As Western leaders meet over the next week in London and Houston, they are being pressed by Germany, France and the Soviet Union to agree to an immediate, multi-billion dollar financial rescue program for Moscow. In case Treasury Secretary Nicholas Brady is not adequately steeled to argue against this certain loser for the American taxpayer, the Center for Security Policy today urged him to review an analysis of the folly of such a Western financial assistance package published nearly two years ago by his distinguished predecessor, William E. Simon.
In the feature article for the September 1988 edition of Reader’s Digest entitled "Should We Bail Out Gorbachev?," Secretary Simon obliterated the rationales being used then and now to sell premature financial assistance flows from the West to an unreformed Kremlin. With extraordinary prescience, he made it clear that such assistance would: perpetuate — rather than dismantle — the heavily militarized Soviet economy; maintain Moscow’s aggressive external commitments stretching from Havana to Hanoi; and add to the prospect of eventual Soviet rescheduling or default on Western loans.
Highlights of the Simon article include the following points:
- "In the past, Soviet rulers often talked about changing the economy but always shrank from fundamental change. Instead they sought to rescue themselves by begging, borrowing and stealing everything they could from the West."
- "I agree with Sen. Bill Bradley who said: ‘Without Western capital and technology, the Soviets can increase domestic investment only by decreasing military spending. I question the wisdom of helping the Soviets avoid the choice.’"
- "The West and Japan should refuse [Moscow] the money. The unrestricted, cut-rate loans private banks have been making to the Soviets are commercially unsound and unjustifiable. Worse, as communist indebtedness grows, the Soviets acquire ever stronger leverage over the lenders’ national economies." (Emphasis added.)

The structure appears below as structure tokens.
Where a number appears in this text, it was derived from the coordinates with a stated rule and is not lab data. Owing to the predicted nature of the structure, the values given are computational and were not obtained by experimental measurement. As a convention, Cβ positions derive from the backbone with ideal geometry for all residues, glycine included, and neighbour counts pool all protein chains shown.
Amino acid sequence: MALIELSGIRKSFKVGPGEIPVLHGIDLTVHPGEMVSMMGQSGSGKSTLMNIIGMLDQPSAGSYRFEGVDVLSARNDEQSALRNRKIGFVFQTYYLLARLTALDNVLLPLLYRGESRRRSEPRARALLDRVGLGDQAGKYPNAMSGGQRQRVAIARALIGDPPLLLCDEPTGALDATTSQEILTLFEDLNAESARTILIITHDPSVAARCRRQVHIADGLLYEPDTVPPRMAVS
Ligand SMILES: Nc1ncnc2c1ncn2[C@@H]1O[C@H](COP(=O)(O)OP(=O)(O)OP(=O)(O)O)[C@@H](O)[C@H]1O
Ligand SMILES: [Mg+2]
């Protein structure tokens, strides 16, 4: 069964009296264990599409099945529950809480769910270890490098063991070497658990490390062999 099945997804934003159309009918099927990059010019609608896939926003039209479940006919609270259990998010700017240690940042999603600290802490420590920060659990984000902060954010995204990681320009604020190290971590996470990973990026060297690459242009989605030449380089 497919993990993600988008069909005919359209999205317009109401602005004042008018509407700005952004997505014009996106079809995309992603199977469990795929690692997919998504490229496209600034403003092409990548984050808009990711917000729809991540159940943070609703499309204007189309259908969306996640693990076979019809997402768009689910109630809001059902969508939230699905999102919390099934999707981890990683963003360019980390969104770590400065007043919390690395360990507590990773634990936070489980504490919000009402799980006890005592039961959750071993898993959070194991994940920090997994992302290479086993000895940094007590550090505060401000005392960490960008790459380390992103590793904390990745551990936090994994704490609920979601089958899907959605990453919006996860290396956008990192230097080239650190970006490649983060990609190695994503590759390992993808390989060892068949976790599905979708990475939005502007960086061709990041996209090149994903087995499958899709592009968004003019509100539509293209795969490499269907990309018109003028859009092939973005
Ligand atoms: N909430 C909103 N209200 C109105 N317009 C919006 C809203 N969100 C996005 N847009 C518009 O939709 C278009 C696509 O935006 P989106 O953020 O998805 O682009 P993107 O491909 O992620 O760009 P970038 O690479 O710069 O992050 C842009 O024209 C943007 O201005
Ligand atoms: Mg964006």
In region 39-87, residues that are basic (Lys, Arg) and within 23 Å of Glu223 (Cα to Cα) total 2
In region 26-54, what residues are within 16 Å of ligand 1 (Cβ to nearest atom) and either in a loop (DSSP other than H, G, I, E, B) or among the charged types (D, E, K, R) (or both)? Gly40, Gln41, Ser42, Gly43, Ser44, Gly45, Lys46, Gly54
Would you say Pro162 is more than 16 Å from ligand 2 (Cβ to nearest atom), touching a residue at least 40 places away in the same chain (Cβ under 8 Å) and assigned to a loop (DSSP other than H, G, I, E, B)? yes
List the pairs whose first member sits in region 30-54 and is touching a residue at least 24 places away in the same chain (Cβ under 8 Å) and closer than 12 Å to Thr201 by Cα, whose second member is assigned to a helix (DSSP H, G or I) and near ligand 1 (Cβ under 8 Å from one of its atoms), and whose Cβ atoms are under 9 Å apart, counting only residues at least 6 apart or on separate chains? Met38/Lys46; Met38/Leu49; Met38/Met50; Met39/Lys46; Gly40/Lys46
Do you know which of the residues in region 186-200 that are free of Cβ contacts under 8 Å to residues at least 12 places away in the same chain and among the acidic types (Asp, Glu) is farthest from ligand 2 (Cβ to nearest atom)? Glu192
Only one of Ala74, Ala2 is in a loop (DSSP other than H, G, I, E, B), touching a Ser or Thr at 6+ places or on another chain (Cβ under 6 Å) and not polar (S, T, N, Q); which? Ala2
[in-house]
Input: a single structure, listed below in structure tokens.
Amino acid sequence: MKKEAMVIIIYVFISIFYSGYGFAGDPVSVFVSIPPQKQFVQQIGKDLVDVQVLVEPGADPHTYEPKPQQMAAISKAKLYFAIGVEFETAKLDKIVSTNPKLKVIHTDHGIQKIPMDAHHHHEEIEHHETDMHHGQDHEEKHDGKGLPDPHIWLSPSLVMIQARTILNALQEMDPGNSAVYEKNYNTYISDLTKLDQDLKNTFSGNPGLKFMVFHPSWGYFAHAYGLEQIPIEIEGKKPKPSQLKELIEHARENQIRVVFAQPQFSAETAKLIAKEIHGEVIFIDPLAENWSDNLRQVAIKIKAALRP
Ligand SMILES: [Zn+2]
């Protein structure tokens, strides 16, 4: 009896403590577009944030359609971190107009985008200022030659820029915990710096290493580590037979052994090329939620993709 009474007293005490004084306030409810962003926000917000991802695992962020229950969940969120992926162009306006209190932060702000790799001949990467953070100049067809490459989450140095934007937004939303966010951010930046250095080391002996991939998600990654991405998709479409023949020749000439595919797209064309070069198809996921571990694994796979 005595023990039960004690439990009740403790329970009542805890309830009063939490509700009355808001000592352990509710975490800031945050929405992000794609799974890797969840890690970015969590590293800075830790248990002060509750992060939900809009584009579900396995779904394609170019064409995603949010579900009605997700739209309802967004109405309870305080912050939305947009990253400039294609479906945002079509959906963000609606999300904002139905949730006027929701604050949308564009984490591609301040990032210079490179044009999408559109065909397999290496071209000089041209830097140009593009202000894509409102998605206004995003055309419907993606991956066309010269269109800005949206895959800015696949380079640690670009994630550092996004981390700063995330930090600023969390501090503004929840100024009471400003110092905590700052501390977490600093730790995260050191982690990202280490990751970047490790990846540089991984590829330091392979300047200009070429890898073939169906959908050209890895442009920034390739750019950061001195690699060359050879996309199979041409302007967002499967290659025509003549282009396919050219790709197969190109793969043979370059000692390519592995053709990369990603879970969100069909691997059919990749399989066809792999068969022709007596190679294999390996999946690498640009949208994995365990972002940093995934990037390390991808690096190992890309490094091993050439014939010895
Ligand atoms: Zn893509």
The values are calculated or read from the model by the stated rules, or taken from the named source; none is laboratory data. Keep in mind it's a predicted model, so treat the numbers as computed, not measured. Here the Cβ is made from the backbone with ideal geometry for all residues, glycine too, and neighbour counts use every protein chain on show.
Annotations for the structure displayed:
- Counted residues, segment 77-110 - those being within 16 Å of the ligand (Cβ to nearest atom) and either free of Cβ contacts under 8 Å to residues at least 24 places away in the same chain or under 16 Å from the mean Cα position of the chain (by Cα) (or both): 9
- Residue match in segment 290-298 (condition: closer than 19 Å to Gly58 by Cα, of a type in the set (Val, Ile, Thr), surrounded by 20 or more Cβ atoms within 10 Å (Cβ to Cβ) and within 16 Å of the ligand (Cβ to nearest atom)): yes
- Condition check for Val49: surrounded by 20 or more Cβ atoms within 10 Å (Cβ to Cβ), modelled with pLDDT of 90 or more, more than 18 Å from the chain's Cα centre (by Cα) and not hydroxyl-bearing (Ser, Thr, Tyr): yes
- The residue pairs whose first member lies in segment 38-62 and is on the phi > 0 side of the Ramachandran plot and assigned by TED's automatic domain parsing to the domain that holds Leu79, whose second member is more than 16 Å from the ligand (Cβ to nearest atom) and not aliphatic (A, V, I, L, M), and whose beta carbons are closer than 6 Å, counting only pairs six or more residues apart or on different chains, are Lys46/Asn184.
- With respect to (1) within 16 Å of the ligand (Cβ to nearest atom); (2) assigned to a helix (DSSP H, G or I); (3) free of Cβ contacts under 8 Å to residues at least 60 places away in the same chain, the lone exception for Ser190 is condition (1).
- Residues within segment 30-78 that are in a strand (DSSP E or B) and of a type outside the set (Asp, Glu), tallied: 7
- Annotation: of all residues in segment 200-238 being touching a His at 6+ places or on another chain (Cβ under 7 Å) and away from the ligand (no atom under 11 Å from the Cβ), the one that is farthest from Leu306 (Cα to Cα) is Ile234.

- "If Gorbachev sincerely wants to restructure his society to one that threatens no one and cares for its people, we can only wish him well. But until real changes occur, we must refrain from another quick fix that enables the Soviets to continue their destructive ways."
"The failure to heed Secretary Simon’s early warnings contributed to unnecessary Western taxpayer exposure when Moscow’s creditworthiness suddenly began a free-fall, producing a $2-5 billion payments crisis," said Frank J. Gaffney, Jr., the Center’s director. "There is no excuse for compounding this egregious mistake by ignoring Mr. Simon’s advice yet again — and making U.S. and other Western taxpayers the billpayers for Soviet economic life-support with an urgent $15-20 billion infusion."
In its own, detailed analysis released on 3 July entitled Read the President’s Lips: ‘No U.S. Taxpayer Aid to Gorbachev’, the Center revealed that — notwithstanding President Bush’s recent public statements — new U.S. taxpayer liabilities arising from aid or trade with the Soviet Union are in the offing.
"Despite obvious differences, there exist chilling similarities between some of the fundamental conditions which caused the $300-$500 billion S&L debacle and credit-related conditions within the USSR today," said Roger W. Robinson, Jr., former Senior Director for International Economic Affairs at the National Security Council and a member of the Center’s Board of Advisors. "These include: an ineffectual bank regulatory and supervisory structure; no mechanisms for the transparent and disciplined channeling of borrowed funds to constructive purposes; no firm commitment to prudent, systemic reform; totally inadequate financial data disclosure; and the blatant squandering of precious depositor resources on bankrupt clients."
Robinson added, "U.S. taxpayers already saddled with debilitating Savings and Loan-related losses should understand that the ‘Red Bear S&L’(1) is hurtling down the tracks, anxious to consume still more U.S. taxpayer resources — at the very least in the guise of official export-support programs."
The Center believes that Reader’s Digest and Secretary Simon deserve highest marks for their timely alarm about an ill-advised Western financial rescue package for the present Soviet system. It should be required reading for Secretary Brady and the rest of President Bush’s entourage before they sign on to new financial assistance to the present Soviet system. Copies of Read the President’s Lips may be obtained by contacting the Center.
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